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Dutch rail network to run on wind power by 2018

Dutch rail network to run on wind power by 2018

Dutch rail network to run on wind power by 2018

The Netherlands plans to run its entire rail network on 100 percent wind power within three years, according to Railway Technology.

It is reported that Dutch energy company Eneco and the VIVENS rail companies signed a deal to make Dutch electric trains run completely on energy produced by wind farms.

According to Michel Kerkhof, account manager at Eneco, the deal has the potential to revolutionise how renewable energy is obtained and utilised, both in the rail sector and other primary industries.

"What makes this contract and partnership unique is that a whole sector decreases its CO2 footprint enormously and sets an example for other sectors to follow," Kerkhof said.

Producing wind power

Around 1,2 million passengers travel on trains in the Netherlands every day. Eneco has agreed to supply 1,4 terawatt hours (TWh) of wind-sourced power, which is roughly the same amount of energy consumed by all the households in Amsterdam.

In the Netherlands, wind power already supplies energy for half of the network - some 2.890 km (1.800 miles) of track. Under the terms of the deal, half of the NS fleet of electric trains will run on green energy in 2015, rising to 70 percent the following year, 95 percent in 2017, with the goal of a 100 percent renewable network by 2018.

Half of that total wind power is expected to come from the Netherlands and the other from Belgium and some Scandinavian nations. The proposed scheme is partly intended to increase renewable energy adoption in other European nations.

Specially built wind farms

Eneco has made a point of using specially built wind farms for the project to avoid putting existing plants under unnecessary pressure and to keep prices down.

The railway operators, meanwhile, are making energy efficiency savings in other areas (through train design and driving techniques) in order to keep demand as low as possible - this in turn ensures that the extra price of wind power isn't passed on to customers.

Main challenges

The main challenges associated with wind energy generation have to do with delays in the realisation of a wind farm. Kerkhof believes that it is possible to mitigate this by creating a large enough pipeline of wind farms to source from.

"Eneco will ensure that there is always enough power available on the grid for the rail companies and guarantees that the annual amount of electricity needed for rail companies corresponds to the annual production of the wind farms," he explains.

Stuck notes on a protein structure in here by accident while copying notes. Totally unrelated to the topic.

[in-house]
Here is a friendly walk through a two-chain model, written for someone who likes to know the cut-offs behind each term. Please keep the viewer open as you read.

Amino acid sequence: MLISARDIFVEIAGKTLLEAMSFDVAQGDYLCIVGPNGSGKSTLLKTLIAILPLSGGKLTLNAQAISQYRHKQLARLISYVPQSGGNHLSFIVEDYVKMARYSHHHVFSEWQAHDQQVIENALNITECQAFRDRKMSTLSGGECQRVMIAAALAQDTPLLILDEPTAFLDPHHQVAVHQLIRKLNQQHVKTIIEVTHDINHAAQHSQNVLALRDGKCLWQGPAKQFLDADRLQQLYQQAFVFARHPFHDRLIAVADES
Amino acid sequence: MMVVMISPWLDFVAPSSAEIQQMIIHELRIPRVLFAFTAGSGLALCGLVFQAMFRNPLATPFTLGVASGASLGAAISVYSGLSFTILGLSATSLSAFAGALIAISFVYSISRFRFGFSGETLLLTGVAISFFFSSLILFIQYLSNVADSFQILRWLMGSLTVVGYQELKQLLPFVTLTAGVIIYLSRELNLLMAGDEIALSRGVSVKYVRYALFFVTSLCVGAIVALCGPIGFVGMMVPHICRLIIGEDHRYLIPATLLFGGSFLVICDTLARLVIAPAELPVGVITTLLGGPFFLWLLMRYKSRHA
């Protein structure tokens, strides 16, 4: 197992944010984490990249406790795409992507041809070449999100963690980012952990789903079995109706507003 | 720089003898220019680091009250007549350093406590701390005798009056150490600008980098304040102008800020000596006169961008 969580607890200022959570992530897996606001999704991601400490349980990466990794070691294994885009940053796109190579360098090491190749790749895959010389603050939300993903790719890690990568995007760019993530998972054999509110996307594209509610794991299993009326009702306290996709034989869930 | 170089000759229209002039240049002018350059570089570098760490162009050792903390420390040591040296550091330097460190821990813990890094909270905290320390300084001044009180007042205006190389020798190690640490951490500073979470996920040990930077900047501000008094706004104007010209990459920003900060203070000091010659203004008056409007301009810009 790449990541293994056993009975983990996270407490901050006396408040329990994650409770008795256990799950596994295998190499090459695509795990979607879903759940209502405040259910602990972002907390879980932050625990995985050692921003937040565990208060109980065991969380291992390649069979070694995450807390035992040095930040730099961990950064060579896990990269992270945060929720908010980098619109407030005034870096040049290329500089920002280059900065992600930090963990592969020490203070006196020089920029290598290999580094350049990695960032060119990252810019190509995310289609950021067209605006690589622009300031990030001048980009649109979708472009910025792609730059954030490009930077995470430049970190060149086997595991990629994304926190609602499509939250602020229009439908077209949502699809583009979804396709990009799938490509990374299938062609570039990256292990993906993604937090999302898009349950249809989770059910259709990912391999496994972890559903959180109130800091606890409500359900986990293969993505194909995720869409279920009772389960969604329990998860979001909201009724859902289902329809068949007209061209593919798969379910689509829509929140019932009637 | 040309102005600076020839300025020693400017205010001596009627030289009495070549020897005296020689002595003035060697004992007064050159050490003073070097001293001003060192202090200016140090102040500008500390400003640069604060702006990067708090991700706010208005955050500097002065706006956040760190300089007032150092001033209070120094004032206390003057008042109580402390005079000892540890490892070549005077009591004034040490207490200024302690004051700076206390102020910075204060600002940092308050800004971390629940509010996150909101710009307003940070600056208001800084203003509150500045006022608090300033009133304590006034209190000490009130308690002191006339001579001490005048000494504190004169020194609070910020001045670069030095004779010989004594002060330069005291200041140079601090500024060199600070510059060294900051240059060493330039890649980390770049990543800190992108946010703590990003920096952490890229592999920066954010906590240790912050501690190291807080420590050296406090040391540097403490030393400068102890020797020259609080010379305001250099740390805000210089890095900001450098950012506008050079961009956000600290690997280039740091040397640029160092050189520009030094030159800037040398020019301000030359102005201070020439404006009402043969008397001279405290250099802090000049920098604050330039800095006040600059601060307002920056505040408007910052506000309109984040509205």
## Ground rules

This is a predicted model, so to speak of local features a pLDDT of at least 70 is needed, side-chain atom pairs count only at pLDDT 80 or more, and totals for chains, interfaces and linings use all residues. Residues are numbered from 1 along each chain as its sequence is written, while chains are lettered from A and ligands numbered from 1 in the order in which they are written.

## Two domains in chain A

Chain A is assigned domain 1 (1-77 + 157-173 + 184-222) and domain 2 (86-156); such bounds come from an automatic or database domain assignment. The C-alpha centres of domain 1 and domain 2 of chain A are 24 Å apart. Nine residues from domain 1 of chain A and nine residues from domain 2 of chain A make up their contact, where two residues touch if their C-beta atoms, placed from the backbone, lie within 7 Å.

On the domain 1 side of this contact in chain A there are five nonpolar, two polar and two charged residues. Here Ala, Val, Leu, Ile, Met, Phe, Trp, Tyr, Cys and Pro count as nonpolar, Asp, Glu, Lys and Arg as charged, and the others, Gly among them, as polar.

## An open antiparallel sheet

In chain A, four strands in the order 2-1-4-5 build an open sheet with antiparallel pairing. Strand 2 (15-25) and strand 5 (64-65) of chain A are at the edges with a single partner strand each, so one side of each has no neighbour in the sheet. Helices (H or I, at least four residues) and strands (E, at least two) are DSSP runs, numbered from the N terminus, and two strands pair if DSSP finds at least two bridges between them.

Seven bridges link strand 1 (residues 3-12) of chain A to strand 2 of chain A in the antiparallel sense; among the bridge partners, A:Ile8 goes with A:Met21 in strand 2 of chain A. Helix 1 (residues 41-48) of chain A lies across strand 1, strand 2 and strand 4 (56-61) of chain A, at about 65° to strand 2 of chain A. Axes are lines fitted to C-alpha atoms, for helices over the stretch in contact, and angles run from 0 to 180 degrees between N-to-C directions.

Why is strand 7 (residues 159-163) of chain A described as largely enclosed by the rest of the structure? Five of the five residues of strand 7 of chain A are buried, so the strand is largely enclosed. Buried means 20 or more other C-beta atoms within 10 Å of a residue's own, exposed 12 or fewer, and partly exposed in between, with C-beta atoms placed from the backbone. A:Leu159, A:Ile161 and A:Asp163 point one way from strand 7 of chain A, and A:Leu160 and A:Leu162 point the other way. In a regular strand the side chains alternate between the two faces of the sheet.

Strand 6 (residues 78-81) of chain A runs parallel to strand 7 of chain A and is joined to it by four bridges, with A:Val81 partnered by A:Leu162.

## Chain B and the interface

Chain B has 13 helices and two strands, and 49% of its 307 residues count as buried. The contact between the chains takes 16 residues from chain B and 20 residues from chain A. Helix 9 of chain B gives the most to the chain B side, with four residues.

Worldwide wind power

In the last few years, wind power has seen rapid growth worldwide. According to the International Energy Agency, the land-based wind power installation rate has gone up around 24 percent annually every year since 2000. The agency predicts that if world governments stick to plan, wind power could account for 18 percent of all energy production globally.

China is now producing more energy from wind than the US is from nuclear, while Denmark now has enough wind farms to exceed the country's total energy needs on windy days.

Reducing CO2 emissions

The Netherlands is to reduce its CO2 emissions by 25 percent by 2020, according to EU environmental targets. Recent statistics published by PBL, the Netherlands Environmental Assessment Agency, shows that at its current rate, we will see a reduction of 18 percent, requiring additional measures to achieve the remaining 7 percent.

Kerkhof explains how mobility is responsible for around 20 percent of CO2 emissions in the Netherlands. "If we want to keep travelling, it is important that we do this without burdening the environment with CO2 and particulate matter. This contract offers all Dutch citizens the option to make a climate-neutral trip, regardless of distance," he told Railway Technology.

"No direct subsidies from the government are related to this contract - it is the result of a European tender procedure between market parties," states Kerkhof.

Parvinder

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Parvinder Marwaha

British-born editor Parvinder studied architecture in the UK. Amsterdam’s architecture and design scene led her to the city, as well the obvious perks of canal-side living. She writes for various...

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